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mercer

Nikkor 35mm 1.4 - a long, near useless review... with pictures

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Funny thing is I had the Nikon 35 1.4 and hated it.     To be fair though mine had issues when i got it that I knew it had before I did.    It was just a bit too "vailed" for me wide open and I thought it was not really usable wide open so I would have been better with a slower 35.

 

I might have thought better of it with a better copy though and 35mm lenses have not been a thing for me really either.

It probably did not help that i mostly used it mounted bare on Pentax DSLRs at the time (they fit kind of mounted on Pentax turning the other way but as ever, do this at your own risk).

You have showed that may well have been just my copy.

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It seems that a lot of people have love or hate for the lens. In a lot of ways, the lens is infuriating. On occasion the WB will seem off with this lens, to the point that I set daylight WB at 5000 instead of 5600 sometimes.

And you're right it does veil wide open, but the contrast can be added back nicely in post creating a soft, contrasty haze instead of a low-con veil that some vintage lenses have.

Some of the older Zeiss lenses have this too... maybe it's micro contrast?

I think Olympus OM Lenses will forcefully mount on Nikon cameras too. 

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14 hours ago, mercer said:

The bottom of the monopod fits snuggly inside the tape measure pouch giving me a stable image with a handheld-like flexibility.

Shit, that's a good idea.

Great write up and fantastic images. If do decide to sell that lens again, holler.

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4 hours ago, Thomas Hill said:

Shit, that's a good idea.

Great write up and fantastic images. If do decide to sell that lens again, holler.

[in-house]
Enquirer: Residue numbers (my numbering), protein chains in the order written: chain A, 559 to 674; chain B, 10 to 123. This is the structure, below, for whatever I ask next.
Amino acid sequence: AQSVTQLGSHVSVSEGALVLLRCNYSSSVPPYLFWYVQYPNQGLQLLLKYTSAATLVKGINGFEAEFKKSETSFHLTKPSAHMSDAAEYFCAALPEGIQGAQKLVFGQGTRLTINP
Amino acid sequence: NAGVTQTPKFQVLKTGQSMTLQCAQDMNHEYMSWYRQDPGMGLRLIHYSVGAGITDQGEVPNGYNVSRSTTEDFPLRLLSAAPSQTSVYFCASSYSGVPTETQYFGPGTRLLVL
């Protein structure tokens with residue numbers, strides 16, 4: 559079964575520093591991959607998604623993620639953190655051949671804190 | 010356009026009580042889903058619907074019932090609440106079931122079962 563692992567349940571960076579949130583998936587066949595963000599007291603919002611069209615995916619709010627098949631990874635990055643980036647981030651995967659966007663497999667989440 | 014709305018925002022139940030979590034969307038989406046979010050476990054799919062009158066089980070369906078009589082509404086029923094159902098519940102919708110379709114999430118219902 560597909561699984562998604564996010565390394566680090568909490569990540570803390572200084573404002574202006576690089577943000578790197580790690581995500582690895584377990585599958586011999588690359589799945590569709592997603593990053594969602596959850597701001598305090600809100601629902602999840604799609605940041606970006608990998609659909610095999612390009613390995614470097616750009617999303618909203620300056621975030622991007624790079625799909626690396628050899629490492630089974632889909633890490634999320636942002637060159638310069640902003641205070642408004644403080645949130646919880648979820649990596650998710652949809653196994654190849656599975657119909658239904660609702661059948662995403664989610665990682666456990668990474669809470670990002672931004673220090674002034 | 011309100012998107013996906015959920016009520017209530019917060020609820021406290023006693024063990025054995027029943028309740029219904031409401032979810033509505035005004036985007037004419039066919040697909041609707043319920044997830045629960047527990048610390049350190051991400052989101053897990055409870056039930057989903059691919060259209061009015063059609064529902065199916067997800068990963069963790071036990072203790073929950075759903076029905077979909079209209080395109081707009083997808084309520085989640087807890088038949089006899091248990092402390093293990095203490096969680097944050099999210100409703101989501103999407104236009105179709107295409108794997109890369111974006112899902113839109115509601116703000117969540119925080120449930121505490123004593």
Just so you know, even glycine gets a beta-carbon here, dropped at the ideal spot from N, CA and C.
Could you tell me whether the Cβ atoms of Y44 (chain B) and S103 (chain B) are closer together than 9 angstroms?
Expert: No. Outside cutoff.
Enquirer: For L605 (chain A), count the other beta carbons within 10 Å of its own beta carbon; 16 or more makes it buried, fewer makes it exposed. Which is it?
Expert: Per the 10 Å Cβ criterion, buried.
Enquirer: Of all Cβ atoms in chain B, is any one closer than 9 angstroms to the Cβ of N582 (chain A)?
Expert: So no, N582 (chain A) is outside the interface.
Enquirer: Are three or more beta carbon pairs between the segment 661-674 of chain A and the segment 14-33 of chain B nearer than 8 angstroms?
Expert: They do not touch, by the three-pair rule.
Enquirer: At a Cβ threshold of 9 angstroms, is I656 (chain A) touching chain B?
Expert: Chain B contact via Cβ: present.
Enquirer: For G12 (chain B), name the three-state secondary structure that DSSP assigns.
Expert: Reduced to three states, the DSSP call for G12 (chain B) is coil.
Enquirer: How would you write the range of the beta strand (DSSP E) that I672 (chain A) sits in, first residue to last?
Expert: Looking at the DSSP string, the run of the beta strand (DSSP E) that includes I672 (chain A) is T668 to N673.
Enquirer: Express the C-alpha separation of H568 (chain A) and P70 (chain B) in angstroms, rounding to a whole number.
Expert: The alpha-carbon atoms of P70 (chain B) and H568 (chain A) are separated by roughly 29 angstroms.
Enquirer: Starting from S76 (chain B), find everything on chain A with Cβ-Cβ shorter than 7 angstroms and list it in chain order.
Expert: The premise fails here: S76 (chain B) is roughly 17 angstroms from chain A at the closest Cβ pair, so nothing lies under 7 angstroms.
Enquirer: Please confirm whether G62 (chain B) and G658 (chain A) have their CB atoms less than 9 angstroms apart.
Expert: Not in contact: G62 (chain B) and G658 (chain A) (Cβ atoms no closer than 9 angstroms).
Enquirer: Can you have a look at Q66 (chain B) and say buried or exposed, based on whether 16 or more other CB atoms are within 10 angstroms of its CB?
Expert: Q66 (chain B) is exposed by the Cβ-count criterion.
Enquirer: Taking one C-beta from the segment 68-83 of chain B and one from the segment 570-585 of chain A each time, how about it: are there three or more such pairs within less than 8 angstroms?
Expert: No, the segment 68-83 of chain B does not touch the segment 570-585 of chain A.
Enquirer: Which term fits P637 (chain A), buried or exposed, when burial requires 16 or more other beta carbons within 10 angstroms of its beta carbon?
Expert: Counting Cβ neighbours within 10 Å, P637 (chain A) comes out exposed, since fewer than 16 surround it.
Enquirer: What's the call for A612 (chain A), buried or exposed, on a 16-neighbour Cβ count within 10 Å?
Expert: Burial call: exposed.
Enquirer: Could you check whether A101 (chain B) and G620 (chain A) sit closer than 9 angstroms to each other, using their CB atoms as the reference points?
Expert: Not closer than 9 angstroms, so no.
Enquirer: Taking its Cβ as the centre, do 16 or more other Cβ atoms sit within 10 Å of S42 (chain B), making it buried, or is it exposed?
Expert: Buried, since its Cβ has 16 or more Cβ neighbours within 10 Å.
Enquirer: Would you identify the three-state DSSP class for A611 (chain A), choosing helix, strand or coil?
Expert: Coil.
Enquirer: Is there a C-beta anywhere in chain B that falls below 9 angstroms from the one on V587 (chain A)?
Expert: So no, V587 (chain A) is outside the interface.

Thanks! We were walking to a location one shooting day and an impromptu shot came up, rather than extend the monopod, I stuck it inside the pocket of my hooded sweatshirt and that worked a lot better than my laziness thought it would... the tape measure pouch was bought the next week at Home Depot.

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Great write-up!

I've heard bits of it before, but not the total picture.  I have had a journey through film-making as well, with it being signposted with various equipment and tests, trials, and realisations.  

There's a huge debate over equipment and if it matters or not, and I think one element that doesn't get enough attention during these discussions is inspiration.  If a piece of equipment is inspiring to use, then that can and does have a real impact on the creative process.  Even if you could get an identical image out of two bits of equipment the one you like using will be the one that makes you pick it up and go shoot, and when you're shooting you'll be in a better headspace as you're looking at the images and using the equipment and enjoying the experience, and this will ripple through your directing, cinematography, and all the other creative aspects.  

Unfortunately sometimes the equipment that inspires us is expensive, or cumbersome, but so be it.

We should all be so lucky to find a lens we love, and then have time to go shoot with it.

..and speaking of flawed but lovely vintage lenses, the Cosmicar is sitting and waiting patiently for some filter adapters - I haven't forgotten!

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20 hours ago, kye said:

Great write-up!

Thanks, Kye! It's not your traditional review but hopefully somebody more talented than me will be inspired by it and make a great film with this truly unique lens. 

20 hours ago, kye said:

I've heard bits of it before, but not the total picture.  I have had a journey through film-making as well, with it being signposted with various equipment and tests, trials, and realisations.  

This "review" barely scratches the story of how my life has changed since I started my film, let alone since I became interested in filmmaking. I could probably write a small book.

20 hours ago, kye said:

There's a huge debate over equipment and if it matters or not, and I think one element that doesn't get enough attention during these discussions is inspiration.  If a piece of equipment is inspiring to use, then that can and does have a real impact on the creative process.  Even if you could get an identical image out of two bits of equipment the one you like using will be the one that makes you pick it up and go shoot, and when you're shooting you'll be in a better headspace as you're looking at the images and using the equipment and enjoying the experience, and this will ripple through your directing, cinematography, and all the other creative aspects.